Oliver Jackson-Cohen on which films are his cinematic obsessions

Oliver Jackson-Cohen on which films are his cinematic kryptonite | Soho House

The star of ‘The Haunting Of Hill House’ and ‘The Lost Daughter’ reveals his formative filmmaking influences

Monday 10 October 2022   By James Conrad Williams   Photography by Kent Nishimura/Los Angeles Times/Contour RA

For someone who does scary so well on screen, most notably in The Invisible Man and The Haunting Of Hill House, Oliver Jackson-Cohen is nothing of the sort in real life. In fact, he’s charm personified. 

With recent screen credits in last year’s Oscar-nominated The Lost Daughter (in which he was also quite menacing) and most recently his Apple TV series, Surface (opposite Gugu Mbatha-Raw), Jackson-Cohen is steadily establishing himself as one of the UK’s most in-demand young actors. 

Next up, he can be seen as the dashing romantic lead in Emily, the cinematic imagining of the life of Wuthering Heights author, Emily Brontë, played by Emma Mackey (Sex Education). Here, he tells Soho House about the films that have made him laugh, cry and want to act in the first place…

What’s the first film you remember seeing and what effect did it have on you as a child? 
Home Alone. I remember being taken to the cinema to see it with my dad. It was the catalyst that made me want to become an actor because I so badly wanted to be Kevin McCallister. I came home and my dad explained that they were making a sequel, and so I decided that I was going to be that kid. I sat in the window of my parents’ house that looked out onto the street for a week hoping that someone would walk past and go “there’s the kid for our movie” – which looking back on it is beyond f**ked up.’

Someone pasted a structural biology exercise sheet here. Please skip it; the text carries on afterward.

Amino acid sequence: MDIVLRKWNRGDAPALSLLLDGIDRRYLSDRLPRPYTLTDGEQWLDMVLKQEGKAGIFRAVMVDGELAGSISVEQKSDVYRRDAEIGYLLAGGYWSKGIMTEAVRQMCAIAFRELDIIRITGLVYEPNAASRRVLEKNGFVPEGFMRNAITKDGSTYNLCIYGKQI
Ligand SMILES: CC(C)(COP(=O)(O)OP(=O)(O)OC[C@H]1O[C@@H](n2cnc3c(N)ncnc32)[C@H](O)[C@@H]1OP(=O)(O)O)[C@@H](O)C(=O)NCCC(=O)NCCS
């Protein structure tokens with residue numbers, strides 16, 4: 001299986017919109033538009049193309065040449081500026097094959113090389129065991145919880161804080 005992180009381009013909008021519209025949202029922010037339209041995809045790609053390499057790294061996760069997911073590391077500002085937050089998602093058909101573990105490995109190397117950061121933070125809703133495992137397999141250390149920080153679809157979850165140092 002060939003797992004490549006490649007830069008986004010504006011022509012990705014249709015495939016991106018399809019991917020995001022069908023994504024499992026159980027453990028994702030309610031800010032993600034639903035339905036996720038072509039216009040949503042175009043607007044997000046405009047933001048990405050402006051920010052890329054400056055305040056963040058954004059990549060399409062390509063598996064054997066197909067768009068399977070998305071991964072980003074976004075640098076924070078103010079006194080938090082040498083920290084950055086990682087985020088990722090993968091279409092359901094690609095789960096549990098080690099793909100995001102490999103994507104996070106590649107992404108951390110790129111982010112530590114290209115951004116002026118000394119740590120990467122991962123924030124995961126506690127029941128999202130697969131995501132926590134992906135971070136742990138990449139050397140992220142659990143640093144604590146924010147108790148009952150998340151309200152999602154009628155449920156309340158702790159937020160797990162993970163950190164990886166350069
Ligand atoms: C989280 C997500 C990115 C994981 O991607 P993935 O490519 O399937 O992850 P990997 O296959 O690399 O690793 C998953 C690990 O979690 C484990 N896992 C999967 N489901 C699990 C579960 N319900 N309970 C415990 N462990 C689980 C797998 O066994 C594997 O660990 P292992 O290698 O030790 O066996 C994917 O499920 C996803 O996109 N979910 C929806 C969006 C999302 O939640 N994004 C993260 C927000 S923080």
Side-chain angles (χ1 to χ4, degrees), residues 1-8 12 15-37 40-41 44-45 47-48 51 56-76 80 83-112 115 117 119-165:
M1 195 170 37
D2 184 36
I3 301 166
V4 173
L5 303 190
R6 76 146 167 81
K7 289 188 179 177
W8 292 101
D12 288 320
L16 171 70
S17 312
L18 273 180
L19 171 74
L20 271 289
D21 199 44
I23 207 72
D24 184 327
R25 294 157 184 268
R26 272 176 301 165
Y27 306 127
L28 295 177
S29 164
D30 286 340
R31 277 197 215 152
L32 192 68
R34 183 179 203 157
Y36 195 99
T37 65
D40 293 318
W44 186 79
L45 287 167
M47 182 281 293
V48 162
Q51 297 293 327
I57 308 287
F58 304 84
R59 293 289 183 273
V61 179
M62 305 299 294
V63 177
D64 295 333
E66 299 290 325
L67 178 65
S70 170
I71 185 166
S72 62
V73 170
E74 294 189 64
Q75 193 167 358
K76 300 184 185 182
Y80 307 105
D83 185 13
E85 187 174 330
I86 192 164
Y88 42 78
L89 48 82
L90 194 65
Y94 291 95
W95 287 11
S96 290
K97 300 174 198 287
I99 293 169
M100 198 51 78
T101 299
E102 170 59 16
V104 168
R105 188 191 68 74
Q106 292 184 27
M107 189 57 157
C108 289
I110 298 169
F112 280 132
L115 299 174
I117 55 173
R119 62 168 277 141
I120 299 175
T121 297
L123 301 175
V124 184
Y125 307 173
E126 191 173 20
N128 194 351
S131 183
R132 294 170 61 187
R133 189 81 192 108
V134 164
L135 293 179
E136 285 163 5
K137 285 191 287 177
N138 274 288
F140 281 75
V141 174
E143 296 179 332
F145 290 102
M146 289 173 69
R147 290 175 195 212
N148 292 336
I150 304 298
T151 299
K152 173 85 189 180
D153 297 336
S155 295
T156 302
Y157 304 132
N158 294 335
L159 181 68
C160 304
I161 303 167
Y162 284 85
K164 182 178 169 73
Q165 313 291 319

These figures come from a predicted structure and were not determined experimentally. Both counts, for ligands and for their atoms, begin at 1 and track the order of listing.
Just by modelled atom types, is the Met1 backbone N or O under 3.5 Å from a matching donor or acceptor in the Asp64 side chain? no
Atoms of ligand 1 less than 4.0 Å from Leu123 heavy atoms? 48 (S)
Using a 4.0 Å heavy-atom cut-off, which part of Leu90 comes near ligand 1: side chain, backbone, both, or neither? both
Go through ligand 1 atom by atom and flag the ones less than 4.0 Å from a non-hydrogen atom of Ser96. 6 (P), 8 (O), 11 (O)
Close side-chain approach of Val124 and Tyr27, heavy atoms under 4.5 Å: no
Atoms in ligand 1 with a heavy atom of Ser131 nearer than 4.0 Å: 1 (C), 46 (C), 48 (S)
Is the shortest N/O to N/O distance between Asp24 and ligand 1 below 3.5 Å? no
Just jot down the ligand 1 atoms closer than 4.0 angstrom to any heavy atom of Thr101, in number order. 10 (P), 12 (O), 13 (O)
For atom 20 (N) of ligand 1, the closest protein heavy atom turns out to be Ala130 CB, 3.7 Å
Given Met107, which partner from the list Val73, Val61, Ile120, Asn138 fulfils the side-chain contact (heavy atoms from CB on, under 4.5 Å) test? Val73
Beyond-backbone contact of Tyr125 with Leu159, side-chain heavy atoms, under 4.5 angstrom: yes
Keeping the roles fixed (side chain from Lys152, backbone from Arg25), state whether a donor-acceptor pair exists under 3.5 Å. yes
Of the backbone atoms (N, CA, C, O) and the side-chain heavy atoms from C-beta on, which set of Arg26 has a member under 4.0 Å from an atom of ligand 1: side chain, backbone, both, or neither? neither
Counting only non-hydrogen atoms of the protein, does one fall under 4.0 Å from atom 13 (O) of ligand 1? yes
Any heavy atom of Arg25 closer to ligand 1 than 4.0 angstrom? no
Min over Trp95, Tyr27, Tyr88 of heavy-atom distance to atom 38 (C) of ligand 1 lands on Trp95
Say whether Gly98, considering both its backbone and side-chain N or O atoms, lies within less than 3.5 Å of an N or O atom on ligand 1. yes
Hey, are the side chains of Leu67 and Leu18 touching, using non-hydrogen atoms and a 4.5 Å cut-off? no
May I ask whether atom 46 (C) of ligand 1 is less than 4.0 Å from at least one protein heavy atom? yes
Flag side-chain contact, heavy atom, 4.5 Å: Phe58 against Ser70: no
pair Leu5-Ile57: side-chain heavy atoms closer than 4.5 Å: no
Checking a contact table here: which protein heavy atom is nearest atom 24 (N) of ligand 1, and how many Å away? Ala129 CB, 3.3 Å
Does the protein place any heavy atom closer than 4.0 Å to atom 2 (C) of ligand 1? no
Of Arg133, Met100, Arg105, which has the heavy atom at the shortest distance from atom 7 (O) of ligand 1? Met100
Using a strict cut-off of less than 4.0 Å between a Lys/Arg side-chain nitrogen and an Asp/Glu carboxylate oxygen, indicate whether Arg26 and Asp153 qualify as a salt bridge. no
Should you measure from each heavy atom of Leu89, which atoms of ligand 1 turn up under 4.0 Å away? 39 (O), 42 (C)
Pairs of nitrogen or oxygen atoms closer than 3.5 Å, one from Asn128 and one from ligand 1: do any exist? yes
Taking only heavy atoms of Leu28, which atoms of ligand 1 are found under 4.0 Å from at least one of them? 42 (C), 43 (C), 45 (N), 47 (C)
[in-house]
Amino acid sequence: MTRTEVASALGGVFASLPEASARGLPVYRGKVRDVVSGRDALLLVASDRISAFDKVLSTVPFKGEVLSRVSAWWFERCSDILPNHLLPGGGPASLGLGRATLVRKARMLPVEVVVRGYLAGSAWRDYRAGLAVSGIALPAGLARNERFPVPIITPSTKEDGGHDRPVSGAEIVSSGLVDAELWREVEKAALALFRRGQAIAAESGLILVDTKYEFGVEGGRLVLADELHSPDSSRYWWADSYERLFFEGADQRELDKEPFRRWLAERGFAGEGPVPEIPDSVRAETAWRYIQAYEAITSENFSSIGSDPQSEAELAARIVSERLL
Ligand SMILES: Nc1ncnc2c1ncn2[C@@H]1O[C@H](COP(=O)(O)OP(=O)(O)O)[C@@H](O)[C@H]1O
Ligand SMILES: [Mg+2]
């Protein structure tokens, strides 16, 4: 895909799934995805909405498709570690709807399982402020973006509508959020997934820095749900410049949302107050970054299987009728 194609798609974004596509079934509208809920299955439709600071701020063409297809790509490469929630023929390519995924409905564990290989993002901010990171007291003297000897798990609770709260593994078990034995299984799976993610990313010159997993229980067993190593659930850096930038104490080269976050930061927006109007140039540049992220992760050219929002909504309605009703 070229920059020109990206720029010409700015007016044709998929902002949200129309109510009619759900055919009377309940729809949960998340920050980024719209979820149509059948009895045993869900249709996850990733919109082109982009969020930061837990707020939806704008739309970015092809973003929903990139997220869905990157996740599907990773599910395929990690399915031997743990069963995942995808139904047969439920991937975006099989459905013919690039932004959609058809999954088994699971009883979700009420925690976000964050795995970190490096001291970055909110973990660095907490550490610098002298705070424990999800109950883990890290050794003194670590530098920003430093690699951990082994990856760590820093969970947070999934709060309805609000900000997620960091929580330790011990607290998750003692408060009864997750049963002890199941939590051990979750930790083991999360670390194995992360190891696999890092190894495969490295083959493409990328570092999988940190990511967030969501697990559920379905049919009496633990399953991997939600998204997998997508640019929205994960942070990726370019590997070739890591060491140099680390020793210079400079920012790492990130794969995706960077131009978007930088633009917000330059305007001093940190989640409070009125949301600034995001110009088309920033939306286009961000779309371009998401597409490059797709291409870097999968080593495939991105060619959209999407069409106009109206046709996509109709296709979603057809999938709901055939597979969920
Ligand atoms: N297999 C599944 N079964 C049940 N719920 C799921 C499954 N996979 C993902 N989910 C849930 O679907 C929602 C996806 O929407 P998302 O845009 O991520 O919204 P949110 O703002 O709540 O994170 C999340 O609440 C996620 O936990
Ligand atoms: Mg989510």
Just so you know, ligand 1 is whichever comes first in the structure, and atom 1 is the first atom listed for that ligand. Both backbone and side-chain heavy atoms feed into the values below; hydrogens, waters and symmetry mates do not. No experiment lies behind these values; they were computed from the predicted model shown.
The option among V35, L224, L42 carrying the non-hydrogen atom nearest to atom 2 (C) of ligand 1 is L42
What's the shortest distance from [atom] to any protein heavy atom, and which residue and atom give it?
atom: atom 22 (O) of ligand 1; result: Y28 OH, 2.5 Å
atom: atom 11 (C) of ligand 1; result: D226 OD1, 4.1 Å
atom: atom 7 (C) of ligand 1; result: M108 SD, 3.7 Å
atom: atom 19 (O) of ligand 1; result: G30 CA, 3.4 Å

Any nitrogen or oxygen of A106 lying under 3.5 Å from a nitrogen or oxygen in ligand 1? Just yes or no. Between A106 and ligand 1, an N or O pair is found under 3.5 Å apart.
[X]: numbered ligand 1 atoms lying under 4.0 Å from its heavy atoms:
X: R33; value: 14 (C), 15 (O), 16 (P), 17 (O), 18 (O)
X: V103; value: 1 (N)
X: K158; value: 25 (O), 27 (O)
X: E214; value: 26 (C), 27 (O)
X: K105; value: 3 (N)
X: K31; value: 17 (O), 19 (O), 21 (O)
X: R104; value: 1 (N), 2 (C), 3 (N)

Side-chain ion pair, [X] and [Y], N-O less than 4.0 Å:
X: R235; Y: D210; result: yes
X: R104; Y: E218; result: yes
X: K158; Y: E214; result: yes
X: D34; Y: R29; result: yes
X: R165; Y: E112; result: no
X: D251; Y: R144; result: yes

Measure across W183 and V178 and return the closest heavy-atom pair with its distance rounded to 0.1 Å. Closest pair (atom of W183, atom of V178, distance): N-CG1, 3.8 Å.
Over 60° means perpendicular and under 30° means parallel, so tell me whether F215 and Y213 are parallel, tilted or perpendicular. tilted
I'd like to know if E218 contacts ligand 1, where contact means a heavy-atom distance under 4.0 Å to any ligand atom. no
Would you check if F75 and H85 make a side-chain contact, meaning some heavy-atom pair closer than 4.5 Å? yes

What’s your favourite film from your teens that you still watch to this day and how does it hold up?
Cruel intentions. But if I’m honest, I rewatched it again a few years ago and not entirely sure if it does? Scream was a big one, too, and that definitely holds up. Neve Campbell deserved an Oscar.’ 
 
Who was your first movie-star crush?
‘Michelle Pfeiffer as Catwoman in Batman Returns. Jesus Christ. Name me a sexier villain – I’ll wait.’ 
 
What’s your ultimate comfort film that immediately makes you feel better if you’re having a bad day?
‘There’s a French movie that my dad used to make us watch when we were kids called La Gloire De Mon Père, which is such a beautiful film. I rewatch that quite a lot. It reminds me of him, that blazing summer heat in France and growing up there.’
 
If you had a pick a favourite genre of film, what would it be and why?
‘Drama is probably the safest option for finding and watching someone good or powerful. Comedy and horror are too hit and miss sometimes. Fantasy and action have historically just never really grabbed me in the same way. If you sit me in front of a Xavier Dolan movie, I am one contented man.’ 
 
What ‘classic’ movie have you never got around to watching?
‘Oof, there are a few. I’ve never seen The Sound Of Music or West Side Story. Never seen The Godfather: Part II. Or Part III for that matter. I finally got around to watching Citizen Kane during lockdown 2020, and I’m still busy giving myself a pat on the back for that one.’
 
What’s your go-to Christmas movie?
Elf or Die Hard.’
 
What’s your film soundtrack of choice and why?
‘Purely because of nostalgia, it’s a toss-up between Cruel Intentions, The Beach and The Blow soundtrack.’
 
Do you own any movie posters or memorabilia?
‘My whole room was filled with movie posters when I was a teen. It was the most bat-sh*t crazy mix. There was an American Pie poster next to a One Flew Over The Cuckoo’s Nest one and, then a poster of The Faculty. I have an original Jaws one that was a present after I worked with Amblin [Entertainment], which is pretty special.’ 
 
If you could have played any role in the whole history of movie making, what would it be and why?
‘Ooh, that’s a tough one. But think I have to go back to Macaulay Culkin’s early career and say Home Alone, Home Alone 2: Lost In New York and Richie Rich.’
 
Here’s an opportunity to right a cinematic wrong; what film do you feel is criminally underrated?
Deep Blue Sea. I actually heard a Rotten Tomatoes podcast recently that made the same case. Samuel L Jackson is f**king brilliant in that, as is Stellan Skarsgård. Sharks that know what’s up? I don’t see how anyone could question it.’ 
 
Your smart TV is cursed and you can only stream one movie for the rest your life – what is it?
A Place In The Sun from 1951. Montgomery Clift and Elizabeth Taylor are a masterclass. Also, not to be confused with the property show where people go to Spain to buy flats…’

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